Toward Truly Personal Computers
Does HAL have affect-recognition abilities beyond facial expression, vocal intonation, and common-sense reasoning about some typical emotion-inducing scenarios? We don't, of course, really know. Although Dave Bowman carefully controls his facial expression in the scene where HAL won't let him back on board, his anger may have been betrayed by some other body response -- perhaps an increase in body temperature or breathing rate. Sensors that can detect these two forms of physiological expression, among others, currently exist. Affective computers in the future may have other perceptual sensors that are not limited to human senses. For instance, a humidity detector might reveal that someone is anxious, even before she or he breaks out in a full sweat.
Consider, for example, the fact that people who use computers touch the machine a lot. Whether through a mouse, keys, joy stick, or touch screen, many people have more physical contact with computers than they do with other people. Moreover, you can now wear computers -- in your shoes, shirt pocket, or belt, for example. Wearable computers, especially when they become as common as underwear, will have unusual opportunities to get to know you in a variety of situations. They could have access to your muscular tension, heart rate, temperature, and so on. Instead of being restricted to perceiving only your visible and vocal forms of affect expression, they could get to know you intimately - or as well as you will permit them to. At this point, they will also, like underwear, probably cease to be shared and will become truly personal computers.
Suppose you have too much stress in your life and your doctor suggests that you learn to relax more. Your wearable affective computer could help you learn what events cause you stress and figure out ways to reduce it. While you are engrossed in playing with the kids, your affective wearable might whisper in your ear, "see how relaxed you are now." A little feedback device you could turn on or off might not only help reduce stress-related disorders, it might also assist in gathering important medical research data or helping patients in recovery. The key to the wearable computer is its constant presence; it is not limited to gathering data in the lab or doctor's office, but can get to know your range of responses during the daily routine.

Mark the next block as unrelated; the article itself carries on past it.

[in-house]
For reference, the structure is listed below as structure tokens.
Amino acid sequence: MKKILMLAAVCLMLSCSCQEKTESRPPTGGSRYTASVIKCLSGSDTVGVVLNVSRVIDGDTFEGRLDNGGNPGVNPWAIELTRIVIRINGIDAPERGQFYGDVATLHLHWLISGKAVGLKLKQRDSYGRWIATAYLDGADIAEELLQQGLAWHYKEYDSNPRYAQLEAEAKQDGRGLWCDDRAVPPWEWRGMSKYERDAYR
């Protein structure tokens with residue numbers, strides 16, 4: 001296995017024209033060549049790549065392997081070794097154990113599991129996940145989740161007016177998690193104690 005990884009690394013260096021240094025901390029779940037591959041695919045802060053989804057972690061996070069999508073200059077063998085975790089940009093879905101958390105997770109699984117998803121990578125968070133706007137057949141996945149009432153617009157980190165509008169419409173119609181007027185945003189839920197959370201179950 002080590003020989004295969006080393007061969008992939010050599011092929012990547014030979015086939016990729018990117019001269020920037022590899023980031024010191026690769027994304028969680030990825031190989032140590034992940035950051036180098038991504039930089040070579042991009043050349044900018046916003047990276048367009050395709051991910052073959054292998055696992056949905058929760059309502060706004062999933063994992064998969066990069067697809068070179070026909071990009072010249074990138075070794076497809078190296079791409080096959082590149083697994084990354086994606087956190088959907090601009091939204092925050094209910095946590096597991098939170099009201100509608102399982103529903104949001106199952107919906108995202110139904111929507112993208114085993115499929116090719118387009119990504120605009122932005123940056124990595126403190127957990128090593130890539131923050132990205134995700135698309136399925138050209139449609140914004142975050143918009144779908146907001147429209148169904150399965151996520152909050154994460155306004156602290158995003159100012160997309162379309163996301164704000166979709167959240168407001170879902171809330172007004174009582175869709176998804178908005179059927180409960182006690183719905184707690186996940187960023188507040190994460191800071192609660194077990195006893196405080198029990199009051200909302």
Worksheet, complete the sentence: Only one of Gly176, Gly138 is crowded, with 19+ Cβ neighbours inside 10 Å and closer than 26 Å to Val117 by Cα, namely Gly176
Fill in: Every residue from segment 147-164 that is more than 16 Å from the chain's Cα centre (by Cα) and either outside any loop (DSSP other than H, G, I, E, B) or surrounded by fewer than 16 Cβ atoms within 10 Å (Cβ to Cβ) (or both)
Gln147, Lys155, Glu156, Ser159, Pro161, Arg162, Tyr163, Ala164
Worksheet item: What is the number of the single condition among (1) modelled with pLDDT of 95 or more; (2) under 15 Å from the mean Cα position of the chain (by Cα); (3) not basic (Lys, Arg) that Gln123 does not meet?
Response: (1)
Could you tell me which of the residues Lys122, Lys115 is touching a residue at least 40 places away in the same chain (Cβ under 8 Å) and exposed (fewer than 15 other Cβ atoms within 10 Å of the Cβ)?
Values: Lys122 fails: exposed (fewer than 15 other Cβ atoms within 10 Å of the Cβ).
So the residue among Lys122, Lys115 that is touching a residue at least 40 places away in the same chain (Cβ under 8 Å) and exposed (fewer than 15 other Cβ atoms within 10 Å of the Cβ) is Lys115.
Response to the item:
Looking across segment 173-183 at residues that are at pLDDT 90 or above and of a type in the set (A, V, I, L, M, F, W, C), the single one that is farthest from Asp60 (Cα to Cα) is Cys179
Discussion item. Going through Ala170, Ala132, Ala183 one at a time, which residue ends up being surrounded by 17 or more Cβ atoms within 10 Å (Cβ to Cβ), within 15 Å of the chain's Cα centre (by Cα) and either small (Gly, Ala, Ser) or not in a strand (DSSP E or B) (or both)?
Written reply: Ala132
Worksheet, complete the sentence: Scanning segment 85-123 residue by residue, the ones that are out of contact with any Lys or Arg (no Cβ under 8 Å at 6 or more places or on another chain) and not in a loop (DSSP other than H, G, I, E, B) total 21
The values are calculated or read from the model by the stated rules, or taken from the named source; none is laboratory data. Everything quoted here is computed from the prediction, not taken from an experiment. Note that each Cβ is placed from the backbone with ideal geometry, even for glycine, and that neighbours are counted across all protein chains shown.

Affective information could also be communicated in unconventional ways. Imagine that your wearable computer could detect the lilt in your walk as you leave the office and broadcast it to your spouse -- encoded, of course (lest a salesperson learn of your happiness and take this auspicious opportunity to telephone you). The result would be a sort of "mood ring" that alerts you to your spouse's affective state -- one that is more accurate than the dime-store temperature sensors once advertised on late-night television.
Applications of affective recognition could extend to entertainment as well; for example, interactive games might detect your level of fear and give bonus points for courage. When we measured the responses taken of a student playing the computer game DOOM in our lab, we expected the electromyogram of jaw clenching to peak during high-action events -- such as when a new deadly enemy starts an attack. However, the biggest peak -- and it was significantly higher than the others recorded -- occurred when the student had trouble configuring the software! (See figure 13.4.)
What if software companies could obtain similar affective information about people interacting with their products? Unlike questionnaires, an affect-sensing computer could identify the parts of the software that provoke the greatest annoyances and those that produce the greatest pleasure. Not only would the timing of affective responses be easier to relate to specific causes, but they would tend to capture product qualities that are hard to put into words. All makers of environments -- architects, automobile manufacturers, software designers, decorators, hotel managers -- benefit from learning how people feel when they are in their spaces.
Computers coupled with suitable sensors and pattern-recognition
algorithms should soon be able to recognize the basic affective states
of a willing individual in a typical context. The emphasis on willing
participant here is important. Measurements of affective states
obtained in an underhanded manner are not likely to be
accurate. People who want to deceive such systems will probably
succeed. One fellow, for example, managed to fool a polygraph by
putting a thumbtack in his shoe under his big toe; he stepped on it
every time he was questioned in a particular way. Affective
information will be most accurate, and useful, when it is willingly
communicated, presumably for the mutual benefit of everyone involved.